Sunday, 12 January 2014

The Power of Peer Support

Continuing with the theme of my previous blog on motivation, I have been struck recently by the amount of peer support and inspirational comments made on a LinkedIn Discussion group, ‘PhD Careers Outside of Academia’.  A new discussion thread was started last year called, rather fatalistically: “Falling off the postdoc treadmill into the abyss”. It was started by a postdoc who had begun to realise how difficult it is to secure an academic career (see related blog), with the added belief that a PhD would be a hindrance rather than a help to him securing an alternative career path. The subject attracted over 50 comments, with still more being posted in January. I wanted to share some of them (anonymised) with you here, to demonstrate the power of positive peer support:  

“Four years ago I came to the realisation that by specialising in a narrow field, I was heading into postdoc oblivion. I was also a female who chose to have kids late, and so I have taken the opportunity over the last 4 years to reinvent myself. It has taken some time but, as of next year, I will be teaching at a [private school], who value the PhD and real-world experience I have gained over the years.”
“Don't sell yourself as someone who fell of the post-doc tread-mill - in other words, as someone who failed. You did not. Keep a positive attitude and instead consider yourself as someone who's starting a new career. Use positive wording such as "my previous career", "moving on", "exploring new options", "bringing my previous experience as a biomedical researcher (name some skills) to this new exciting path"... Well, I'm sure there is better than that but I hope you get the idea. I hope it helps. Good luck.”
“I am going through the same transition period, still on my exploratory career path after my post-doc. I agree we have to embrace the positive attitude and turn this experience into an excellent new opportunity and vision. I wished I had found this career development plan webpage (http://myidp.sciencecareers.org/) earlier, very very useful. I went through the test and it helped me a lot in recognizing what else I CAN and WANT to do with my PhD beside the traditional post-doc and academia.”
“…if you do not think you want to stay in academia, then definitely start your non-academic job search now. It took me about 18 months to find a position and I started looking about 12 months before my thesis defence, so you can see the gap. Trust me, you want that gap to be as short as possible!”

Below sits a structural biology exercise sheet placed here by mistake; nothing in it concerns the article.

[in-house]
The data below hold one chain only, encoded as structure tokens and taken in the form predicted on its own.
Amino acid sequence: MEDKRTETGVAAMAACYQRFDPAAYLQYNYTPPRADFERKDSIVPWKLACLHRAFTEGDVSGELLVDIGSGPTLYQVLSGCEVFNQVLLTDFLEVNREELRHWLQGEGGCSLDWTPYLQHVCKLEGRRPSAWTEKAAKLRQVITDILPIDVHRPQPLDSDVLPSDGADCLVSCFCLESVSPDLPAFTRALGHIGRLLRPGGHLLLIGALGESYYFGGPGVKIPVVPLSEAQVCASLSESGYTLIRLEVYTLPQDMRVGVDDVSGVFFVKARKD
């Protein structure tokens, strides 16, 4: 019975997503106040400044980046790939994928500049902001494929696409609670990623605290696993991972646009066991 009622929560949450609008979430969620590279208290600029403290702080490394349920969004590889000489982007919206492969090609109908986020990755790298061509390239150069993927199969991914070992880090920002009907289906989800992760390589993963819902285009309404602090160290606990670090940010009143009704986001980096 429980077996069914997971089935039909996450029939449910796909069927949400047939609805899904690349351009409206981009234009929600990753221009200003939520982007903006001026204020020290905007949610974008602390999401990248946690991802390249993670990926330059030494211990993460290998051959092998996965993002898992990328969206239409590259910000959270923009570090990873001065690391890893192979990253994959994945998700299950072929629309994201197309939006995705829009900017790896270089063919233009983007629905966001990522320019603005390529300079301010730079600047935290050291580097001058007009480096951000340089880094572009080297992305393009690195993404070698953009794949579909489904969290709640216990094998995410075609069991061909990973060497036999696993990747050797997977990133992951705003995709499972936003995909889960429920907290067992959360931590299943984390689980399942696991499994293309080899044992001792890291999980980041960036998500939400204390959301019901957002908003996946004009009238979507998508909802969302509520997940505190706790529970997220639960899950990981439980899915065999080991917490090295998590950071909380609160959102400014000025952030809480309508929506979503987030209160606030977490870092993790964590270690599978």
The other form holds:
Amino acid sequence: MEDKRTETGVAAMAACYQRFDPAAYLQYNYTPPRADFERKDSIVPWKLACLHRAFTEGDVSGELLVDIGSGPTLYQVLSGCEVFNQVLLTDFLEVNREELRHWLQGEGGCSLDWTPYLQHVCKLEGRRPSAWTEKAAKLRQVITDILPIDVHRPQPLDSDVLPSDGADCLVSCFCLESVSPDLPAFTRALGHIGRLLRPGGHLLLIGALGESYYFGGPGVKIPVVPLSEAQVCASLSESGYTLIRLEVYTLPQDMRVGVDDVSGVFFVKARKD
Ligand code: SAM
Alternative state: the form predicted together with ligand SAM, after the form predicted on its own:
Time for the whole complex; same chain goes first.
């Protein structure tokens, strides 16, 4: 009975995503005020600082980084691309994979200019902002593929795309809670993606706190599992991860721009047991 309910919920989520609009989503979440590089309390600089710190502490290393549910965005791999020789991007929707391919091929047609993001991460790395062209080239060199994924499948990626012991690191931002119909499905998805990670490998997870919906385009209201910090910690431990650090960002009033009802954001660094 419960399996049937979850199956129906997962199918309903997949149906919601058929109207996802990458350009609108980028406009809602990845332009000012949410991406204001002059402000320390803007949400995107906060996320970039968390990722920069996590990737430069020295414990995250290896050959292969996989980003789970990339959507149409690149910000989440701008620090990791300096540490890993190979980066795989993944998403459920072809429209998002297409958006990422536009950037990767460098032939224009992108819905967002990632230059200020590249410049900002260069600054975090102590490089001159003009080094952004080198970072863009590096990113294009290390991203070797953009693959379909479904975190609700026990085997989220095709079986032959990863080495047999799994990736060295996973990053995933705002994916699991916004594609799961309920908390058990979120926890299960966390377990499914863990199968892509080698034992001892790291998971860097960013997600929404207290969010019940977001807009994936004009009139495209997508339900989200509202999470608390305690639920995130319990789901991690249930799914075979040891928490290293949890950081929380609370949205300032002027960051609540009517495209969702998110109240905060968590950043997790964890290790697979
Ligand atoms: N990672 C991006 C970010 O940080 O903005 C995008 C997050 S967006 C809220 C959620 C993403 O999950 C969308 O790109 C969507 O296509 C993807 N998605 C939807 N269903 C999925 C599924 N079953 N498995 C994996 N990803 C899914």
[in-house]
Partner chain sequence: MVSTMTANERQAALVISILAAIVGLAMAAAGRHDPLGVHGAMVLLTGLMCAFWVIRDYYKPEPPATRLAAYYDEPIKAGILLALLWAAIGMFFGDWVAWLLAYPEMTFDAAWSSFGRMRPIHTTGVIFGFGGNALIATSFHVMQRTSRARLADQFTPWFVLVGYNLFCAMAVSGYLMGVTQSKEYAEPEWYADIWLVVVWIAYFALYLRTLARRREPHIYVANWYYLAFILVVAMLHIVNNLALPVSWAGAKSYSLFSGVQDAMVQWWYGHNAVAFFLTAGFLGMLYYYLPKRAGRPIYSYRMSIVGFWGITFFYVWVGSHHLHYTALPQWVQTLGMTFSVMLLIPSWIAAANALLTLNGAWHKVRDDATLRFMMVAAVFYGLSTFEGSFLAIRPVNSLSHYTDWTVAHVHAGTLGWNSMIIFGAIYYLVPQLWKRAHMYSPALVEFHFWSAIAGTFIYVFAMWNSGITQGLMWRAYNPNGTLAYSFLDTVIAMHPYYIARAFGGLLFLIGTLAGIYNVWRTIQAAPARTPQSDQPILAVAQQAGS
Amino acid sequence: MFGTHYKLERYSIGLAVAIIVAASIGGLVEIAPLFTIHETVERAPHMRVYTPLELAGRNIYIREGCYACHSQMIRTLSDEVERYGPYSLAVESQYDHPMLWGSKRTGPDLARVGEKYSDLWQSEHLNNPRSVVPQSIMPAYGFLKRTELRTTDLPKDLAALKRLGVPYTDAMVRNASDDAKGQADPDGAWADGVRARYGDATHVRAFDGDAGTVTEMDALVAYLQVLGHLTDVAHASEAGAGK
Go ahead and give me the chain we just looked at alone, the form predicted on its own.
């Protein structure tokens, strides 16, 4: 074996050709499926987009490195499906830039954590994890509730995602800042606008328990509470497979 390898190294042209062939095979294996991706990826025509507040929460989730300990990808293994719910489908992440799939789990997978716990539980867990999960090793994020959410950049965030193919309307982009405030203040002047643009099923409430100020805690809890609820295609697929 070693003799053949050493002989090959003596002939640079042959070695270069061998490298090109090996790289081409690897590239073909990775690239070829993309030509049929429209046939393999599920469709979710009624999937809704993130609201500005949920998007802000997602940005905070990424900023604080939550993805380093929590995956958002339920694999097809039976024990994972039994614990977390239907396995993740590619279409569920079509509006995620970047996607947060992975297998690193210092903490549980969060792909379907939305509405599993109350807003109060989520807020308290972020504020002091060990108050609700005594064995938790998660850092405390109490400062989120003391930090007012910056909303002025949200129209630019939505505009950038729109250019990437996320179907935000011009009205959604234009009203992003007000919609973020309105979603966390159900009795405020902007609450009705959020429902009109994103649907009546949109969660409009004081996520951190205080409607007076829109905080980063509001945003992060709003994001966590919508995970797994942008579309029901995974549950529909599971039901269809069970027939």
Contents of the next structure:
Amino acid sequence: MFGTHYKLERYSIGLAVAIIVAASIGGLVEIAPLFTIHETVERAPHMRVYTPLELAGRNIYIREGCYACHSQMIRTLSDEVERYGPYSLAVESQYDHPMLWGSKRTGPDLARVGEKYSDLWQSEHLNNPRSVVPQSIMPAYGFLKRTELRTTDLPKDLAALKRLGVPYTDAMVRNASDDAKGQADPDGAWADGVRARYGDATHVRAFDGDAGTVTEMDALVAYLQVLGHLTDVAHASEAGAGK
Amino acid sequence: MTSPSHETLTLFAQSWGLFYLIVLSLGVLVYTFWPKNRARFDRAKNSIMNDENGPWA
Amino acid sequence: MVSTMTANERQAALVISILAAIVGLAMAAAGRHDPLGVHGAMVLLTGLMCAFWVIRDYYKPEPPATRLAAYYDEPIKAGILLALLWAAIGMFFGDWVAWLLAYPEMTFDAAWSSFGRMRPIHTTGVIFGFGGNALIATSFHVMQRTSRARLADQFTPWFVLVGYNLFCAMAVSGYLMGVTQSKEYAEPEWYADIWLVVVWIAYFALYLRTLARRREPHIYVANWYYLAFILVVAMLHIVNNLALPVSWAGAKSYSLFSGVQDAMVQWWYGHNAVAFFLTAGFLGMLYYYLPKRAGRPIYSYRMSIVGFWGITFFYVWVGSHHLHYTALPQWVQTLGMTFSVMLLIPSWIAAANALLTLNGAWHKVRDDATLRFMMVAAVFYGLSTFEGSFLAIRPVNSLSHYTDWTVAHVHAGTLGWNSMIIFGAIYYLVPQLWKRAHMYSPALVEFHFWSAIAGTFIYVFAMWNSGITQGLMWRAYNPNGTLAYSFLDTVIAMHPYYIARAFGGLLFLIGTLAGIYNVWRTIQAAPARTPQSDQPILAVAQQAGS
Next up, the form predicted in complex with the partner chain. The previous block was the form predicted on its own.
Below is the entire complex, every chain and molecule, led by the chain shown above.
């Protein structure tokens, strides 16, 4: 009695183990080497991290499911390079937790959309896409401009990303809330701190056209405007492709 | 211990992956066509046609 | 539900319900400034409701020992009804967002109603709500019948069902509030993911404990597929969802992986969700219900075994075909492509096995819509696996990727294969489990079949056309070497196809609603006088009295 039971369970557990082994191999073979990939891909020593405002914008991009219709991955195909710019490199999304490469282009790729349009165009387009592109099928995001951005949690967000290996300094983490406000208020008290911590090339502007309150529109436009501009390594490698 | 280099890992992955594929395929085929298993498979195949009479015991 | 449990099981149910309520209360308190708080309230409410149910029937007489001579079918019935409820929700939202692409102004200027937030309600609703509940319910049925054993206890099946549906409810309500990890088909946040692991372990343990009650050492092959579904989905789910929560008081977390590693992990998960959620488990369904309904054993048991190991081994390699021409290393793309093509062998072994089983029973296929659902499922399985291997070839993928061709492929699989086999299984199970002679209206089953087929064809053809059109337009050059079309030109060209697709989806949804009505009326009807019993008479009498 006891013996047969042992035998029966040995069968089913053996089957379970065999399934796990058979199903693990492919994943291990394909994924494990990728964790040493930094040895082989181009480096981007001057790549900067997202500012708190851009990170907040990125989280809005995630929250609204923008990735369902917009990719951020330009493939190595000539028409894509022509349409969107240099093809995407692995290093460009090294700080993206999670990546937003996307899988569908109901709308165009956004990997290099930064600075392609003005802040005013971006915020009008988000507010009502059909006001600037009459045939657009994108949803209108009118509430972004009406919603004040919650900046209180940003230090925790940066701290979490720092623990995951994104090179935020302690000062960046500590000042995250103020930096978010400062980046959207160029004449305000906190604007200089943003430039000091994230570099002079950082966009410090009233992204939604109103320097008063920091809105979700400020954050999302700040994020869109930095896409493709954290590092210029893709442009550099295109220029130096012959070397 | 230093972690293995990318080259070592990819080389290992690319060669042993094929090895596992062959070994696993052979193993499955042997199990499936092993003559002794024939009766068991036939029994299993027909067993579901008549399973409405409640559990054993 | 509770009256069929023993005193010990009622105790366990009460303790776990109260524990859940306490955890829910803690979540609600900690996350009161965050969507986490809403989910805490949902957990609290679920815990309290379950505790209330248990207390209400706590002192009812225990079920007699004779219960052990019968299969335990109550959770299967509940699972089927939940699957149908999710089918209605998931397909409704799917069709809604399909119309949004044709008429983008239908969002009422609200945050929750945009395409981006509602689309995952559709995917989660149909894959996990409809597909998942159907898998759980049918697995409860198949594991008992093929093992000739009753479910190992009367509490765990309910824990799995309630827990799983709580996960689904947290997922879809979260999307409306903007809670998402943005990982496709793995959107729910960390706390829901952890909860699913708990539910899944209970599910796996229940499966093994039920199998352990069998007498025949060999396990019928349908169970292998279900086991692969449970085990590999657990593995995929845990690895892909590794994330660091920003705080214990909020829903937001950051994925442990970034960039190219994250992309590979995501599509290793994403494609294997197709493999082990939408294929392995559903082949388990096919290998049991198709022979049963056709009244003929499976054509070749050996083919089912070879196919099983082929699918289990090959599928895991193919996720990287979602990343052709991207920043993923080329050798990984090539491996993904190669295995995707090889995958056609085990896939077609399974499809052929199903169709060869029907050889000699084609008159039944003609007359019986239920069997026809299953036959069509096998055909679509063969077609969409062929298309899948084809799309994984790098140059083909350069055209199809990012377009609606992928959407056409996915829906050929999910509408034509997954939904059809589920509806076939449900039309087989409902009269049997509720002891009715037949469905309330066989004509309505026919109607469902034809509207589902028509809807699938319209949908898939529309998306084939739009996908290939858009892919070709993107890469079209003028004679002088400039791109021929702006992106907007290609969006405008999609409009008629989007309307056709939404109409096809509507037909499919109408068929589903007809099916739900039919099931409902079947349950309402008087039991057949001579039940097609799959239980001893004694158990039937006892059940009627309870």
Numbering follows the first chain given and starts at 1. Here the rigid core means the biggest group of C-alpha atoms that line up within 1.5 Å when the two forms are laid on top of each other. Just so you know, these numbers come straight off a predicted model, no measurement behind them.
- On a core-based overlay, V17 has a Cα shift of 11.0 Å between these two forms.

“I was a microbiologist....expert in developing rapid methods for rapid detection of pathogens....I have now an office based job and completely different from my field. We can always apply the skills we gained in PhD or postdoc years ....there is definitely many skills we can transfer. It is not the dream job, I agree, but you need to start somewhere until you find the right fit for you. I am still looking for the right fit !!!! All the best and keep going.......”
“I did have some friends who were biostatistics PhDs, neurologists etc who transitioned to data analysis and machine learning companies. It seems the skills that they encountered during their PhDs and postdocs were very favorable to these companies. The point is I think looking outside your domain may be a very good idea especially if jobs in your field are hard or just saturated.”
“I know what you are going through. I understand your feelings: rage, humiliation, disappointment, confusion, despair. My advice, try to find something positive in your situation. It’s not an abyss. It’s a new turn in your life. Then, look around and try to figure out what you love to do in your life.”
“Think about what you really enjoyed doing along to the way to becoming a postdoc and work on that aspect. For me it was teaching. Good luck and remember, it is never too late to change :-)”
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Staying positive and motivated can be hard, especially for those who are receiving little or no support in their own institution, or if they are currently unemployed. LinkedIn is one avenue to share your thoughts and to swap ideas and information with like-minded people – see my previous blog on other benefits of LinkedIn. You can also join, or set up, a peer support group of your own. Many graduate student and postdoctoral researcher groups exist in universities, which offer opportunities to get together for career and/or social events. See more on researcher associations.

Related post: What's the point of a postdoc?

3 comments:

  1. Great post and love your book! Peer mentoring can be a huge support for scientists...especially those in trainee positions. I have been advising grad students and post docs for years to form monthly mentoring groups themselves even if their departments aren't providing a formal framework. I have seen groups formed of all women to deal with their specific issues, mixed groups of postdocs with common goals to leave academia, grad students exploring future science careers and even just a group of students who wanted to become better public speakers. These broad or focused working groups never fail to bring benefit. I will be bloogging about best practices for peer mentoring groups in our Addgene Blog in the coming year.

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